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Quilty the Escape-Artist Cat Sets His Fellow Shelter Cats Free

Kelly Taylor

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Meet Quilty: a devious 6-year-old rescue cat with a mission to help his friends roam free.

Shortly after Quilty’s arrival to the Friends for Life animal shelter in Houston, Texas, staff members noticed the door to the senior cat room (where Quilty was residing) was mysteriously open every morning. As a result, all of the senior kitties would be meandering freely through the entire shelter.

The breakouts became so frequent that the Friends for Life staff eventually checked their security footage to solve this mystery. Lo and behold, the culprit was caught: Quilty!

Quilty would open the door to the senior cat room not only at night, but several times throughout the day by jumping up and pulling down the door handle. In a Facebook post, the shelter explained that “Quilty-proofing” the senior cat room was a necessity.

Quilty was placed in “solitary confinement” in the lobby while the staff worked to make sure his escapades would be impossible to repeat. The shelter explained that although the senior cats would likely miss their adventures in the shelter, the “staff did not miss the morning cat wrangling, so we’ll just have to agree to disagree there.” 

Upon sharing this post, Quilty’s story went viral. His Instagram page, free_quilty, has gained over 50,000 followers and the shelter now sells Quilty merch branded with the #FreeQuilty hashtag. Eventually, Quilty’s story even made it to The Daily Show with Trevor Noah.

Not surprisingly, Quilty was unsatisfied by the shelter’s decision to confine him to the senior cat room. Upon realizing his daily escapes were no longer achievable, Quilty resorted to insessently meowing and digging at the room’s doors and windows to express his frustration. As a result, the #FreeQuilty hashtag with photos and videos of a grimacing Quilty blew up and made the vigilanty kitty even more reputable. In an Instagram video of him lying on the floor and pawing the door, Quilty illustrates his own frustration by writing, “I’m going INSANE here folx . . . and they literally just come stare at me. #WTFhumans”.

In regards to his adoption, the shelter joked, “If someone out there is looking for a clever cat that gets along with dogs but does not get along with closed doors, we have someone they really need to come and meet. Please. Come meet him. And take him home. Please…” Upon gaining so much recongition on the internet, Quilty actually began to receive a lot of inquiries from people all over the United States who wanted to adopt him. 

Eventually, Quilty began a trial period, which Friends for Life calls “sleepover”, with a potential forever-family. Although the family was confident enough that their door handles could handle Quilty’s mischief, he actually has made zero attempts to escape since he arrived. In addition to humans, the family consists of two dogs, a hamster, and a hedgehog. So far, it seems like Quilty is warming up to his new siblings perfectly well.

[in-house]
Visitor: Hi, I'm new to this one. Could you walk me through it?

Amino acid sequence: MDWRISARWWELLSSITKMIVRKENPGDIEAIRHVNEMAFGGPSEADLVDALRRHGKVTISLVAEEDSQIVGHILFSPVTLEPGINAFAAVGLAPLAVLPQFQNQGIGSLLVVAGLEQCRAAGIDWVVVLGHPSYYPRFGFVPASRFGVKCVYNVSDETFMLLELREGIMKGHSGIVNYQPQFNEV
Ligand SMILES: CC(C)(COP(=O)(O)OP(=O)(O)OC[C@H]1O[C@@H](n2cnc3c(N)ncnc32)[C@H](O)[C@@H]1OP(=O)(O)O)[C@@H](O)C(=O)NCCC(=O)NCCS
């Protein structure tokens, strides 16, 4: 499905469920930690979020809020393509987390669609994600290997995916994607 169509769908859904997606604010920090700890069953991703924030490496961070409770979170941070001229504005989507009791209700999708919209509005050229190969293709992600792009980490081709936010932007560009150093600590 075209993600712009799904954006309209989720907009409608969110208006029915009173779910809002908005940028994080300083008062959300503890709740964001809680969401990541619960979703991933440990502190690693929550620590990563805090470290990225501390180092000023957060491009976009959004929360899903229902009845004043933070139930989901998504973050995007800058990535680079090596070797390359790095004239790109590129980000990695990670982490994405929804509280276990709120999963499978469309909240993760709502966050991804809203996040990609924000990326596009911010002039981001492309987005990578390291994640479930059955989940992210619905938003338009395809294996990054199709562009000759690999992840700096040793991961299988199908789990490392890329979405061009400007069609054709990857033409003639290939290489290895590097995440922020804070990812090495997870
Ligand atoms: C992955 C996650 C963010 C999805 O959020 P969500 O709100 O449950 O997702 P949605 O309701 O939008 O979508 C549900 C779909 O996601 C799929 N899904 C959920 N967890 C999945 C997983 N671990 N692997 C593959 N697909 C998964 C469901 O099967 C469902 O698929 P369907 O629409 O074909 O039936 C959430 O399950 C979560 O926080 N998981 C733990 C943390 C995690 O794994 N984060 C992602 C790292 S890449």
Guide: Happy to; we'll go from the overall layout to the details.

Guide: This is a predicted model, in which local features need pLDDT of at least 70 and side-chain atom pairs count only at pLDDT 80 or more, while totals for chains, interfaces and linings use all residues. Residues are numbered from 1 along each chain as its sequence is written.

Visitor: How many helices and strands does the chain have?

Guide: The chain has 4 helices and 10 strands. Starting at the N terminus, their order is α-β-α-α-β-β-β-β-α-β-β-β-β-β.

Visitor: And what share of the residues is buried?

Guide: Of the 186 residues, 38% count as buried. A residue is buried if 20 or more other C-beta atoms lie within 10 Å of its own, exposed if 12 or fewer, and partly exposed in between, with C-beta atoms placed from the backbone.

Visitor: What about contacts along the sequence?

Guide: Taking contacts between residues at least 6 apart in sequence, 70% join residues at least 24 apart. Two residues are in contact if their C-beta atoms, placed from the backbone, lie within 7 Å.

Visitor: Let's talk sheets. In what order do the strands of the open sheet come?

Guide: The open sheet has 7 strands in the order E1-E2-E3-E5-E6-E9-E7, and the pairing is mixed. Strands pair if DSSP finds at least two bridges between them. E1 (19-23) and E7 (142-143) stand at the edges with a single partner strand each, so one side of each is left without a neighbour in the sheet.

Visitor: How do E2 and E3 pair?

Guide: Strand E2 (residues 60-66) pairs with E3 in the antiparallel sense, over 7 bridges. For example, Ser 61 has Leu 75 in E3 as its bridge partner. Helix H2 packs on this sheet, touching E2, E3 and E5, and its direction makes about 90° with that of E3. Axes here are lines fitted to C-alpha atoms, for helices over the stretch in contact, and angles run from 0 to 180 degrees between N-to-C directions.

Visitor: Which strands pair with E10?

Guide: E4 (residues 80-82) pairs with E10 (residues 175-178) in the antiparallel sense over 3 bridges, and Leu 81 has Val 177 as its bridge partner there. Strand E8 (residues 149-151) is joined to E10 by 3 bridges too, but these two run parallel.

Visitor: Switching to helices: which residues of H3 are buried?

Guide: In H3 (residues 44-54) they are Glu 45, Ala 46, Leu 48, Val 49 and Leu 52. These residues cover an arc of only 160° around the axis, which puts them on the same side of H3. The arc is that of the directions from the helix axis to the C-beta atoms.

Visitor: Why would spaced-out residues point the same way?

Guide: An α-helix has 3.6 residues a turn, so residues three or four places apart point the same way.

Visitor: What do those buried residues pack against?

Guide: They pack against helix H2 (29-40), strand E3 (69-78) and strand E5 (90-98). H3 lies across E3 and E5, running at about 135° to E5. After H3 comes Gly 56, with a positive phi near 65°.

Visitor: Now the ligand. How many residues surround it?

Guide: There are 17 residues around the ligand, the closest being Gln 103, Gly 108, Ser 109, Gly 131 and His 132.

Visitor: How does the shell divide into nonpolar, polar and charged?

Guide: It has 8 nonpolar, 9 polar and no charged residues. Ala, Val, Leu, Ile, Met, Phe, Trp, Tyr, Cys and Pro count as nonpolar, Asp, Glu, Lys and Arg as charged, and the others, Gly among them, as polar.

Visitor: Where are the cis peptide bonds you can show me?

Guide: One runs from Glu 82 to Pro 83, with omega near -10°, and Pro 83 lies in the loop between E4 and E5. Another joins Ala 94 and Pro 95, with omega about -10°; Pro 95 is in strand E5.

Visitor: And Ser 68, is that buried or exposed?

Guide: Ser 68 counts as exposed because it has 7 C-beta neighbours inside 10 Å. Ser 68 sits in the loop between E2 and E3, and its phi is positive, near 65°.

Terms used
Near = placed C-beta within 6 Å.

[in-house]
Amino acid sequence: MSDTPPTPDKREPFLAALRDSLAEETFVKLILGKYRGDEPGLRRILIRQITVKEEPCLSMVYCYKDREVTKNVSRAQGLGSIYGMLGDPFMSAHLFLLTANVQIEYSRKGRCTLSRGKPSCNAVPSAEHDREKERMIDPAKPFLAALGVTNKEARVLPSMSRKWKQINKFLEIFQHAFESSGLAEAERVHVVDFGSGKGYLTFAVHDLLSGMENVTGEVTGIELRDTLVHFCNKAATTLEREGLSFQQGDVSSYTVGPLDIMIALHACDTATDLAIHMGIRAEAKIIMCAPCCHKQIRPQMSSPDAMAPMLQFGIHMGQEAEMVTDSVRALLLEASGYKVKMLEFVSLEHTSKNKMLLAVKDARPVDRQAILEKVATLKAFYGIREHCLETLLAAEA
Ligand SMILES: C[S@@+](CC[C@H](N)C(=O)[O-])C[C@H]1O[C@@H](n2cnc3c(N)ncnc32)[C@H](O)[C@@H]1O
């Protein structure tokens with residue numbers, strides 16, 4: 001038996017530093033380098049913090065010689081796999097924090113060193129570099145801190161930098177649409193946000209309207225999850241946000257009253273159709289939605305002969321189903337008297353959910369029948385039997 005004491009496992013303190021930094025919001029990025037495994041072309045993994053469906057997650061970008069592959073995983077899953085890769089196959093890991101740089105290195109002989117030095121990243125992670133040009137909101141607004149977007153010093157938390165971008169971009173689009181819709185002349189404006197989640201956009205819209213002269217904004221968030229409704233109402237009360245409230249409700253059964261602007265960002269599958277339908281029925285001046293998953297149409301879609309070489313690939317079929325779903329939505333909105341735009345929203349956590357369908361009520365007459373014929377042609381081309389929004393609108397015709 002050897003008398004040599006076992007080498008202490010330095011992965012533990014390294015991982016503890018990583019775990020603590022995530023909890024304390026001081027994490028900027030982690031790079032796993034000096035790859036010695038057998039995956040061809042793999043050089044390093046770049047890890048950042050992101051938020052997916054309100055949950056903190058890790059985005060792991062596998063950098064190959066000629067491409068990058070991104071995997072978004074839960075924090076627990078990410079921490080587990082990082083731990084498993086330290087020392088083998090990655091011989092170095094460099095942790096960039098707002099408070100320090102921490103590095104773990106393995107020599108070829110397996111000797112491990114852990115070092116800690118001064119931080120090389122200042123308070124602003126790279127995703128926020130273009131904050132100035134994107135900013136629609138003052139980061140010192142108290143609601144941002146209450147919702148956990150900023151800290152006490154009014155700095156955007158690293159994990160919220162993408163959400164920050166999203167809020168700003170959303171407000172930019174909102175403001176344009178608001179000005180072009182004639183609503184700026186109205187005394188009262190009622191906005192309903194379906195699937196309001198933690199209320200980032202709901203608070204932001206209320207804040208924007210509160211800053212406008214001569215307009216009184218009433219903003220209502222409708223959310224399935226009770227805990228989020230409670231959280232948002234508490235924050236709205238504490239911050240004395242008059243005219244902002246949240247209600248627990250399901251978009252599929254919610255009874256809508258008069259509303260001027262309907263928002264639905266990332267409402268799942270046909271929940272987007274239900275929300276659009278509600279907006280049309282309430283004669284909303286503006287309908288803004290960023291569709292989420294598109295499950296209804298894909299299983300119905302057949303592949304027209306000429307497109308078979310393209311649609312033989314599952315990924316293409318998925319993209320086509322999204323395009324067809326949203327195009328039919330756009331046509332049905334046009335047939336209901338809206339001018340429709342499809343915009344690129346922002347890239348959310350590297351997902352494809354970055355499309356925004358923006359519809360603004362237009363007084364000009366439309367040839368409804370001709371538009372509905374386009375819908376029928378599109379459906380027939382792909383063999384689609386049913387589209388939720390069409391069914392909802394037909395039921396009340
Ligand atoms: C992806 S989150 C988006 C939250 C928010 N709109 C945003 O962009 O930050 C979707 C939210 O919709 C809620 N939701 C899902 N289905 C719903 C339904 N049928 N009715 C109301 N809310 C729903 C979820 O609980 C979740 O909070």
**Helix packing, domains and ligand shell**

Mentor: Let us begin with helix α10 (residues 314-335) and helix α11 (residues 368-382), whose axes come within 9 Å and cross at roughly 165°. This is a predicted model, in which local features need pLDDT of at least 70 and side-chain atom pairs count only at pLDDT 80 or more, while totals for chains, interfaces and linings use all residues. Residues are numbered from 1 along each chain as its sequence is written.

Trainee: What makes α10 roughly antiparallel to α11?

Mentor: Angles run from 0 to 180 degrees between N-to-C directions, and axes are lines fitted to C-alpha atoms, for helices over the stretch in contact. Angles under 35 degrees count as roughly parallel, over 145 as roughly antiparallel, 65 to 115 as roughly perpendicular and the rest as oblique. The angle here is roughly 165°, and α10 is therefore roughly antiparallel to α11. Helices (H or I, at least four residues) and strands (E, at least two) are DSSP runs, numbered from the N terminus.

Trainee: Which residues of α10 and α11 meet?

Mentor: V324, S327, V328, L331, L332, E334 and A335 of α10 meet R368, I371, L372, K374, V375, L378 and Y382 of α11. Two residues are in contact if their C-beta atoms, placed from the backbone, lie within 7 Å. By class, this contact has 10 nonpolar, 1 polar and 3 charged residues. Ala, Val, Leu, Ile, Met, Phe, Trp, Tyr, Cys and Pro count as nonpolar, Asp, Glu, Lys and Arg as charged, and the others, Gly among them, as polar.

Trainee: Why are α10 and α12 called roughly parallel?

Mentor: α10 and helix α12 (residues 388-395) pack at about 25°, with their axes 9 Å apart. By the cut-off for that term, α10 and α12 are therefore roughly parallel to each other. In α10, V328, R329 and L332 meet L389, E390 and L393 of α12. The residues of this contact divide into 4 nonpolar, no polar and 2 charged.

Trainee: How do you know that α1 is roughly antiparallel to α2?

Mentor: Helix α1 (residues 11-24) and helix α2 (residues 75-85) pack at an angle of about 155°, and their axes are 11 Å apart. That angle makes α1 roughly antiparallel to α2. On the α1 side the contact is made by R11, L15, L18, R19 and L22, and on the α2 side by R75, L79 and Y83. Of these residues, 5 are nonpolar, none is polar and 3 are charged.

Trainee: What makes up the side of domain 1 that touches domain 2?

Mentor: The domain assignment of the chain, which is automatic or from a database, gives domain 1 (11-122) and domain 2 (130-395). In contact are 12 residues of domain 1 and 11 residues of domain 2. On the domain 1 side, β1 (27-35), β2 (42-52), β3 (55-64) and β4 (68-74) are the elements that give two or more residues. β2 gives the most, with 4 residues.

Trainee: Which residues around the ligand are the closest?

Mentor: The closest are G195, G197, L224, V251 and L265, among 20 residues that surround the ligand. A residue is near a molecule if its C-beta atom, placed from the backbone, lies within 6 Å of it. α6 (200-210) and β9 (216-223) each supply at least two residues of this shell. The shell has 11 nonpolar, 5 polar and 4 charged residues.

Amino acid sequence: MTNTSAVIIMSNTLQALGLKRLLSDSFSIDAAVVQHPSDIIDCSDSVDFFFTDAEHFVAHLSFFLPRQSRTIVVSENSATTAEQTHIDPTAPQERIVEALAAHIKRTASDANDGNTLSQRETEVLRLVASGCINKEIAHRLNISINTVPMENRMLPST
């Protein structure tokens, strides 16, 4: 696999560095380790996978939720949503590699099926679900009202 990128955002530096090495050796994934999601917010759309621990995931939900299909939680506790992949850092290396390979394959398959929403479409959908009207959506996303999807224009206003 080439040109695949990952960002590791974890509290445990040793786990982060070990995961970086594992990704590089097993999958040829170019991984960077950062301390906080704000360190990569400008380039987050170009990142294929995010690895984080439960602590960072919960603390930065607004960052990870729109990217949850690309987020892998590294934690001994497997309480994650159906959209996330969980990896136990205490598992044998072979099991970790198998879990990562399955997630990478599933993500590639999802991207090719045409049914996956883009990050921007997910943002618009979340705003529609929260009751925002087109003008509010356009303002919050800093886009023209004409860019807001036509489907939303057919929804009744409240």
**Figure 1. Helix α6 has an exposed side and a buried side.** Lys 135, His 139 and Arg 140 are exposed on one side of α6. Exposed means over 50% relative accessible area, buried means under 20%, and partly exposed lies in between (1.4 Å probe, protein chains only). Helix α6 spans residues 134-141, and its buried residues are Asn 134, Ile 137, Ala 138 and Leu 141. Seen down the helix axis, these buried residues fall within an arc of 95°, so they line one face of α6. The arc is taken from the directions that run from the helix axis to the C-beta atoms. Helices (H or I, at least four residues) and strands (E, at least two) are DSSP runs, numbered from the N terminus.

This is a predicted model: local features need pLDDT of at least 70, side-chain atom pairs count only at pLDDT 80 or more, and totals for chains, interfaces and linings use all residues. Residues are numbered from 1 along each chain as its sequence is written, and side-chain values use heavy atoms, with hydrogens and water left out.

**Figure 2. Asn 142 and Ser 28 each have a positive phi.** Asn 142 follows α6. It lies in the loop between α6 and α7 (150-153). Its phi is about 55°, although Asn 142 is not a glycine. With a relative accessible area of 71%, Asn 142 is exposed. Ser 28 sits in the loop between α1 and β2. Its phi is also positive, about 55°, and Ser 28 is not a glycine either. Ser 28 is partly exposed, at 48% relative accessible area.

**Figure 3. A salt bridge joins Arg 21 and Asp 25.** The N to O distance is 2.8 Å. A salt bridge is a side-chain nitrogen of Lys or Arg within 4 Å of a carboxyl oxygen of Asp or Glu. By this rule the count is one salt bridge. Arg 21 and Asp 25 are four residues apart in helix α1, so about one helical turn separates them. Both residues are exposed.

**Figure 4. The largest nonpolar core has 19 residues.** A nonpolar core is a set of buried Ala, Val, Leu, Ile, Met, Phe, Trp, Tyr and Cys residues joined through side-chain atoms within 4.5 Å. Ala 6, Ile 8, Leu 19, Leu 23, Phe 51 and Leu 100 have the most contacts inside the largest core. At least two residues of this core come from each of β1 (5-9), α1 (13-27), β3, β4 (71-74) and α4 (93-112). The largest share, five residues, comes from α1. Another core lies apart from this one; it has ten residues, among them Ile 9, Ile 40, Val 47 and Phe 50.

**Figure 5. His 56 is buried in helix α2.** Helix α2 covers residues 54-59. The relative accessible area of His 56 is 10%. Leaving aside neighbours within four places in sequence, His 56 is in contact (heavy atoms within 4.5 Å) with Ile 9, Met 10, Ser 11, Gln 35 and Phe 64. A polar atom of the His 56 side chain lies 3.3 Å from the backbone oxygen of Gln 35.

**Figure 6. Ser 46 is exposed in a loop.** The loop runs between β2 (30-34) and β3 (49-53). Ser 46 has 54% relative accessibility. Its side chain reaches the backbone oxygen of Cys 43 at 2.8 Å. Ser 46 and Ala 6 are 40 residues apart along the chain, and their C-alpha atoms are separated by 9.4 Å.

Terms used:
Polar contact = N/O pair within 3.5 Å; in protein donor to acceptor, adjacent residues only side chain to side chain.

The family submitted an application to adopt him, and Quilty has officially found his forever-home! In an instagram post that pictures him and his four new humans, Quilty states, “I’m pretty freakin’ happy here, to tell you the truth. I haven’t even thought yet about potential escape routes so… I guess these guys aren’t knobs.”

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Amazing

Great Dane on Home Security Camera Seen Protecting Family from Intruder

Shannon Jackson

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Humans just don’t appreciate dogs as much as they should. Tracey McCoy and her son were at their home in Oklahoma City when her worst nightmare came true.

McCoy’s security cameras were going in broad daylight and a strange man was seen going through the side door and entering the home. At first, McCoy thought that it was her older son. She was in the home at the time with her son, Nathaniel, who is blind.

The intruder walked right into the home as if he belonged there and owned the place. The intruder didn’t know that he was about to be greeted by Dubai, the family’s Great Dane mix, who weighs 133 pounds.

Dubai isn’t normally a vicious dog. In fact, he’s very friendly and docile. Dubai at first didn’t even do anything to this unwanted visitor and allowed him to say hello and pet the dog. Just as Dubai and the intruder were becoming friendly, McCoy walked into the kitchen and screamed. Dubai jumped into action and realized this was not a wanted guest and his owner was absolutely terrified by this stranger in the home. Dubai attacked the intruder and escorted him out by the rear end with his teeth. McCoy was able to watch the suspect run away and then come back moments later while he was in the back of a patrol car. Luckily, the police were able to snatch him out quickly before he was able to break into another home that didn’t have a trusty dog waiting to defend his owners. The suspect, Robert Ward, was positively identified by McCoy and is now facing a first-degree burglary charge but he was not armed.